Earth Glow is a story very likely influenced the writing style of “A Hideo Kojima Game”. The plot is about a USA space shuttle delivering a payload to USSR space station L N Tolstoy. The Americans aboard think they are firing a nuke, but in fact it’s an arranged meeting between US president and USSR chairman. “Mr. President” bookend a conversation is a must-have there. The yank’s reaction to Tolstoy is “Truly War and Peace, heh?”, very tongue-in-cheek. One thing MGS3 evolved from previous was having references like that instead of just repeating.

    Writers were not the only ones inspired by this book over at Kojima and company. There are two panel from A Stranger’s Footsteps. The story is a tragedy where a sentient planet unintentionally killed every human settler landing on them.

    No Caption Provided

    As you can see the space suits here are rather form fitting. Compared to those, the suits in previous stories usually has a Renaissance collar look to them. Also, I’m inclined to think that the sneaking suit protype in MGS3 is lifted wholesale from here. But, good “Hideo Kojima Game” is not the only ones to “steal” from this book, not good one did too. Here is a panel from Symbiotic Planet, the direct continuation of A Stranger’s Footsteps for people trying to avoid the fiasco in that story.

    No Caption Provided

    I got to admit that not-so-pleasant-to-look-at flying blubs like those are not exactly the most original of creature design, though seeing similar design during Death Stranding’s Washington DC still makes one think. The blubs in this comic are pacifiers while Death Stranding used similar design to break into Resident Evil territory. Very typical of video games.

    Perhaps the biggest offender is how the relucent showdown between 2 sad commandoes plot in MGS3 was lifted from a story titled Colony. From jungle fighting to nuclear weapon in the hands of a single infantry unit, that story has it all.

    Anti-matter, fossil fuel for the FTL age

    The first several stories in 2001 Nights do just feel like 2001 A Space Odyssey homage:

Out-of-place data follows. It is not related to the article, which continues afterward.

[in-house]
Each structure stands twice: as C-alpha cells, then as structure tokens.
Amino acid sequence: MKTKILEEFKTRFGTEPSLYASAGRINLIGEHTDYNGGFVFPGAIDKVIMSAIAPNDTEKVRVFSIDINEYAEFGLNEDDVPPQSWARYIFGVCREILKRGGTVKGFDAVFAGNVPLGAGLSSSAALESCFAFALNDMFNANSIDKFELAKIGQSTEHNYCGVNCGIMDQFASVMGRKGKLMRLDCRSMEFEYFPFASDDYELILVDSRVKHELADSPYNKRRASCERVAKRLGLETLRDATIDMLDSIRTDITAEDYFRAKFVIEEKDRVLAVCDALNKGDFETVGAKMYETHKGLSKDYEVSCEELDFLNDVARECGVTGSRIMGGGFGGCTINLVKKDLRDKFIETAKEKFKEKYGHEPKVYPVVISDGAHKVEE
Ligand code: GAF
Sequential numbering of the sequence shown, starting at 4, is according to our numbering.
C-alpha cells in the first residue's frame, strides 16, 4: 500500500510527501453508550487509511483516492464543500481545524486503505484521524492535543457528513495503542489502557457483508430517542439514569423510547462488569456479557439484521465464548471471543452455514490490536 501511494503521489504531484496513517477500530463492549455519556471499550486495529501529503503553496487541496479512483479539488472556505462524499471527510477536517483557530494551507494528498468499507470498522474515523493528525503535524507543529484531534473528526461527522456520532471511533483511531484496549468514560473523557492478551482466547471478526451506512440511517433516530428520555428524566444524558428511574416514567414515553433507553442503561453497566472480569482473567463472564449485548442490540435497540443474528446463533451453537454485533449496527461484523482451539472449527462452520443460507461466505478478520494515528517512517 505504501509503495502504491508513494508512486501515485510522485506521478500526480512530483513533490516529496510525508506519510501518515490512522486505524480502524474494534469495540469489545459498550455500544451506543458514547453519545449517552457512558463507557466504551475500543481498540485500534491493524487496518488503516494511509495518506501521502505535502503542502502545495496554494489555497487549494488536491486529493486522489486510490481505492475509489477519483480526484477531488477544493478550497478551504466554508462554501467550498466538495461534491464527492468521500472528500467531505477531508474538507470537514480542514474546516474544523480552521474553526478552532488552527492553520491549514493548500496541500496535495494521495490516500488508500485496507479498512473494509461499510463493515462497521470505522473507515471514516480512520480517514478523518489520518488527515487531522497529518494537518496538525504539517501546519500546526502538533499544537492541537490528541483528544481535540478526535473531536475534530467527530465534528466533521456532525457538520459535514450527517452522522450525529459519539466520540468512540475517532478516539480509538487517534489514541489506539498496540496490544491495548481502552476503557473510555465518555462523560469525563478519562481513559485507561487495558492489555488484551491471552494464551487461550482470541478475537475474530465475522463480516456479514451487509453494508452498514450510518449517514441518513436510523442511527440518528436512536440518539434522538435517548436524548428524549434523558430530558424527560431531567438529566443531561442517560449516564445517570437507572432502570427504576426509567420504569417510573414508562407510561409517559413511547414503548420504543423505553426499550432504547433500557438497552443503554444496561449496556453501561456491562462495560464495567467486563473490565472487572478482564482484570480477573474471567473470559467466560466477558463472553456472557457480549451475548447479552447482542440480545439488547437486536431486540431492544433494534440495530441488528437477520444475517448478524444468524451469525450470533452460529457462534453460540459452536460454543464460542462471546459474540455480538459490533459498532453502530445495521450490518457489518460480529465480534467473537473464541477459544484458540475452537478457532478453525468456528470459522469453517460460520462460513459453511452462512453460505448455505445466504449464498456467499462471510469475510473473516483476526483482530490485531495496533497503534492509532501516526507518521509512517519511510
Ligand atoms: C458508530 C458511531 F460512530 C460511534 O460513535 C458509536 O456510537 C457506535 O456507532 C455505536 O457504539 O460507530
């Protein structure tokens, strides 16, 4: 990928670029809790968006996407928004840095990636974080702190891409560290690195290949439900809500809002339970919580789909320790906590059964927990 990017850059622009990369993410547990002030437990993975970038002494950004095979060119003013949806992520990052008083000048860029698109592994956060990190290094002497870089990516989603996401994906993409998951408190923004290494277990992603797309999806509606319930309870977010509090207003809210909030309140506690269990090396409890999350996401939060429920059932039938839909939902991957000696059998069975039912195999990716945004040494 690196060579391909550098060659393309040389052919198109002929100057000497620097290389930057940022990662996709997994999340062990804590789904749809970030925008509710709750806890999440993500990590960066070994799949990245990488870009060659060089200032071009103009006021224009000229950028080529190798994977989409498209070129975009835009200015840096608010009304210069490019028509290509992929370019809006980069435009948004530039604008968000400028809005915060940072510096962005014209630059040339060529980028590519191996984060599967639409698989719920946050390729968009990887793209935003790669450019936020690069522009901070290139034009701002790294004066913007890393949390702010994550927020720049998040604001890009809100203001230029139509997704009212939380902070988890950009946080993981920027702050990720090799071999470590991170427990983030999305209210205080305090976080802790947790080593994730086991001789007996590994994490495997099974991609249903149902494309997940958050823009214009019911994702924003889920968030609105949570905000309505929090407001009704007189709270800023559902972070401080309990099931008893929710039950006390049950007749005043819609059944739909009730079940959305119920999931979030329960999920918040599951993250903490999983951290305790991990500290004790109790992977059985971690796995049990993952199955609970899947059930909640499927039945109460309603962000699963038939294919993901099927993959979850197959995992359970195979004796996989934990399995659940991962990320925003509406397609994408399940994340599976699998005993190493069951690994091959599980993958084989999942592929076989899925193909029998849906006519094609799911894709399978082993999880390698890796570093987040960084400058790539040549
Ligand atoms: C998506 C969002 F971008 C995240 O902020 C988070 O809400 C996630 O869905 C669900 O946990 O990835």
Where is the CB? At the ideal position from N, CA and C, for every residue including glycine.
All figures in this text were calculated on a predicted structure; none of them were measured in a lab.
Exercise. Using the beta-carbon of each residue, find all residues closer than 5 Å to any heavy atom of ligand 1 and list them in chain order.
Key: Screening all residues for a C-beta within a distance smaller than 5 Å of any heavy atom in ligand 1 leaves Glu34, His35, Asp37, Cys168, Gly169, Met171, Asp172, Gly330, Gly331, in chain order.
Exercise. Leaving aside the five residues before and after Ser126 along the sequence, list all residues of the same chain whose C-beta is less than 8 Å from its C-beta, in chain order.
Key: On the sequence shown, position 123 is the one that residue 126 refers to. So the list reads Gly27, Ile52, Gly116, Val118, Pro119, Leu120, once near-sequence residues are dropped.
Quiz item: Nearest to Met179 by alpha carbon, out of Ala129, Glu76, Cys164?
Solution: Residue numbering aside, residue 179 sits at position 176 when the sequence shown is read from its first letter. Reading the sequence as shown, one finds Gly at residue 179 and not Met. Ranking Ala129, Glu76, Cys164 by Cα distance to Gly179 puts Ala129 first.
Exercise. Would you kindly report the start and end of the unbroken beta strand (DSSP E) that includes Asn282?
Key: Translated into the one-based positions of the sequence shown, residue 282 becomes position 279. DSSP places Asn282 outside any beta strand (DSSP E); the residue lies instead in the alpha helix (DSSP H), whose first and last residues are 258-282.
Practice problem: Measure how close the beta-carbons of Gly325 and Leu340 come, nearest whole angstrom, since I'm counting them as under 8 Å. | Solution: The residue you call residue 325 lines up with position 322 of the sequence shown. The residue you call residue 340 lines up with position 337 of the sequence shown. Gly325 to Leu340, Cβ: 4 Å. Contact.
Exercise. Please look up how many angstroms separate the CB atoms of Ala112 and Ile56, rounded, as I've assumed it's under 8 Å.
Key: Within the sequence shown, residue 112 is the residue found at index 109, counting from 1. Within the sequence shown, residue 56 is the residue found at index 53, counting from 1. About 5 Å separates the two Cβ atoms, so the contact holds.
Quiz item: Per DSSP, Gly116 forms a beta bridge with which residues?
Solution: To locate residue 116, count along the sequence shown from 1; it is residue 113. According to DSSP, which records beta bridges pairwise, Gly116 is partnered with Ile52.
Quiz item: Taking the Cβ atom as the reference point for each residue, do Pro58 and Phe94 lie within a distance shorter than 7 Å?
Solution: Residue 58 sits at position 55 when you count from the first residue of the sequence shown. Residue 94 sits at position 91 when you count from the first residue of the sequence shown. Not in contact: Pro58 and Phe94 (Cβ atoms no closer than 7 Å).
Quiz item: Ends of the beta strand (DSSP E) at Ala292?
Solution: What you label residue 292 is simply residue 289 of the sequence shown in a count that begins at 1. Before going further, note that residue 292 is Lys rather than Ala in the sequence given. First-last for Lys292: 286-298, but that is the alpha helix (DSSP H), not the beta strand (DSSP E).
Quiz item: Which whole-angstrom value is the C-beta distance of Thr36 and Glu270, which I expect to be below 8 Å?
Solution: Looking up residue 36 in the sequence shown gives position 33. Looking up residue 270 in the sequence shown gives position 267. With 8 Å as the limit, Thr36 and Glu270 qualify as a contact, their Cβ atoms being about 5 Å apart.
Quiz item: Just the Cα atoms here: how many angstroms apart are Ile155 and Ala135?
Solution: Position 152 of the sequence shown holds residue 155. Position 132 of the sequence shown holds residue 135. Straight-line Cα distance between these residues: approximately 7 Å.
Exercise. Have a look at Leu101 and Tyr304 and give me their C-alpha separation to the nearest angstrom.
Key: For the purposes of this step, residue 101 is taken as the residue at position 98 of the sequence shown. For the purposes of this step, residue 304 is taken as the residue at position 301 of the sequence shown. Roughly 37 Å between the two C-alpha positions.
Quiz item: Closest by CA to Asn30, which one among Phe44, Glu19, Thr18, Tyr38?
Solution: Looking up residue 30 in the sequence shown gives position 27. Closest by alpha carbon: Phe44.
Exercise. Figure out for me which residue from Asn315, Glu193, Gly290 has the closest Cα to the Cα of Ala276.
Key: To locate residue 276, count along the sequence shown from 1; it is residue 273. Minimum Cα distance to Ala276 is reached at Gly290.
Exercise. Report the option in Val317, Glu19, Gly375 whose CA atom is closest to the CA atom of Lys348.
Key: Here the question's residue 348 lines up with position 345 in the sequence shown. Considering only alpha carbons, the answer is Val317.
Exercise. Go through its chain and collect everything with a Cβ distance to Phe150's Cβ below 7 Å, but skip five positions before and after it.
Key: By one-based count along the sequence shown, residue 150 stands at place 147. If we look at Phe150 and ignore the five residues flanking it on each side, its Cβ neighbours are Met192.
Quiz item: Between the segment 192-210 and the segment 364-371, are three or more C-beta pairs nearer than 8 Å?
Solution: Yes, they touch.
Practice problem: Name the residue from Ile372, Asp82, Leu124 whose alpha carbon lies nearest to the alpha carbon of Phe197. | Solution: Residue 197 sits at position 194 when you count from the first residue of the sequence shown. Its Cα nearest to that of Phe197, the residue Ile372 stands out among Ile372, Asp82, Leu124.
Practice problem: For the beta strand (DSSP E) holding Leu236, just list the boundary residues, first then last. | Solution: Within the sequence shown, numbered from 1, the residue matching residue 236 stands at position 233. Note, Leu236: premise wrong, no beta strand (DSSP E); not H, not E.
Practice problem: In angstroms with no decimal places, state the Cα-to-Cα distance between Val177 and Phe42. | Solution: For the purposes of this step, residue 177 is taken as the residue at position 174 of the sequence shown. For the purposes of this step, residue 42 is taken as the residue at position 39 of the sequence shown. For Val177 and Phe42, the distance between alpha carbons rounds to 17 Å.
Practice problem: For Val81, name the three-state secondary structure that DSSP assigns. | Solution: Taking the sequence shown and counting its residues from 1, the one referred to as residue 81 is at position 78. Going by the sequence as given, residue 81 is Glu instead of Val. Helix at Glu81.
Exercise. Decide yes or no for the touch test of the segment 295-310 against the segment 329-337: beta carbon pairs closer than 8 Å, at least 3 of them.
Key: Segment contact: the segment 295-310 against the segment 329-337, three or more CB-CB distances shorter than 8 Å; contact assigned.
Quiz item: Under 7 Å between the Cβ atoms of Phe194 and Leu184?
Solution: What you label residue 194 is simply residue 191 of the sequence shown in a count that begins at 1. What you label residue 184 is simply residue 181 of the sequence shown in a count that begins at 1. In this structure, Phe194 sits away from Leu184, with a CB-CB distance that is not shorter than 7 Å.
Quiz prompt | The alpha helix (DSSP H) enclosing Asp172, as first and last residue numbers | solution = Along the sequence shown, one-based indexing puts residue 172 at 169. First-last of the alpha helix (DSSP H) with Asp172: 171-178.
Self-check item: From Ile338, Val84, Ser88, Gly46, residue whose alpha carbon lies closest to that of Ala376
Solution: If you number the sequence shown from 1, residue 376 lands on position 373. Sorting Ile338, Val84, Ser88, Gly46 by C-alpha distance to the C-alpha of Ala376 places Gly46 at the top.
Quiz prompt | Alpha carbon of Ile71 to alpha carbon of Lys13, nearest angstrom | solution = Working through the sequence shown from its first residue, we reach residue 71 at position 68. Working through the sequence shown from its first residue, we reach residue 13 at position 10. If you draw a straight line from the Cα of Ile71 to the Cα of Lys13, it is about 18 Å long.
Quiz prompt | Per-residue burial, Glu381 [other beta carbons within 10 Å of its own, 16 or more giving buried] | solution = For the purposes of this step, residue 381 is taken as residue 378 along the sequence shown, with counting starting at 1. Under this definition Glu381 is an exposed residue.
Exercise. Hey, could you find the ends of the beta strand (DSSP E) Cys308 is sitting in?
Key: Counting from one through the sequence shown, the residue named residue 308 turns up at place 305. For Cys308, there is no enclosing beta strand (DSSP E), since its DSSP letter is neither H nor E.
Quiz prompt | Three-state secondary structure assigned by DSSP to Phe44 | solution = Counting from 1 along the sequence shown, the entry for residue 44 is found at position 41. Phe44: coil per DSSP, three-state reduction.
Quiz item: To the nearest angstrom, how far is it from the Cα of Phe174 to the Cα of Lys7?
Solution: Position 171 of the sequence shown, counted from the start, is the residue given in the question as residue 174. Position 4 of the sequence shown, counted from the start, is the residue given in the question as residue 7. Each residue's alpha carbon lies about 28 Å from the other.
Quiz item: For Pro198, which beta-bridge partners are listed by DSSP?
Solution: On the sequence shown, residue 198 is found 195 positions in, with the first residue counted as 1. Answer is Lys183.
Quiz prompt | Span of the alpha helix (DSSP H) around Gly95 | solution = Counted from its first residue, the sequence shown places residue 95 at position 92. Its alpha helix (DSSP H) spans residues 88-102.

Sea of Fertility is about a dig site on the Moon, though instead of an alien artifact they dug fossil of alien fishes.

    Maelstrom III is about a miner in Asteroid Belt trying to escape after his facility hit by solar flare, the action is quite like how David trying to getting back into Discovery. Also the miner’s grandchild has a role to play in the last 2 stories of this book.

    Posterity was cheekily subtitled Star Child in Japanese. I’m saving the content of this story for later into the article though.

    Rendezvous also has the subtitle Star Gate in Japanese. The story is about cryo-sleep experiments overseen by old men like old David in the third act of 2001 A Space Odyssey. Also, a younger man into the cryo-sleep saw things we people wouldn’t believe.

    Discovery is called Faraway Traveler in Japanese. The English title is referred to the deep space exploration vessel named Discovery. On board, an AI called KARC 9000, who would be called HAL by the men on the ship. KARC would meet a fate worse than death when they resurfaced in other stories of 2001 Nights.

    Then there is Lucifer Rising, a 140 pages long epic marking 2001 Nights coming to its own. It’s a pivotal point for the book since human get fuel for faster-than-light on the fabled “tenth” planet (The story was written in the 1980s when Pluto still counted as planet.) of our solar system, Lucifer. Astronauts are sent there due to an accident when anti-matter caused explosion by simply touch matter. Among them a devoted catholic scientist Father Ramon handpicked by the Pope. The plot follows also includes a murderer mystery since the crew members are killed one by one.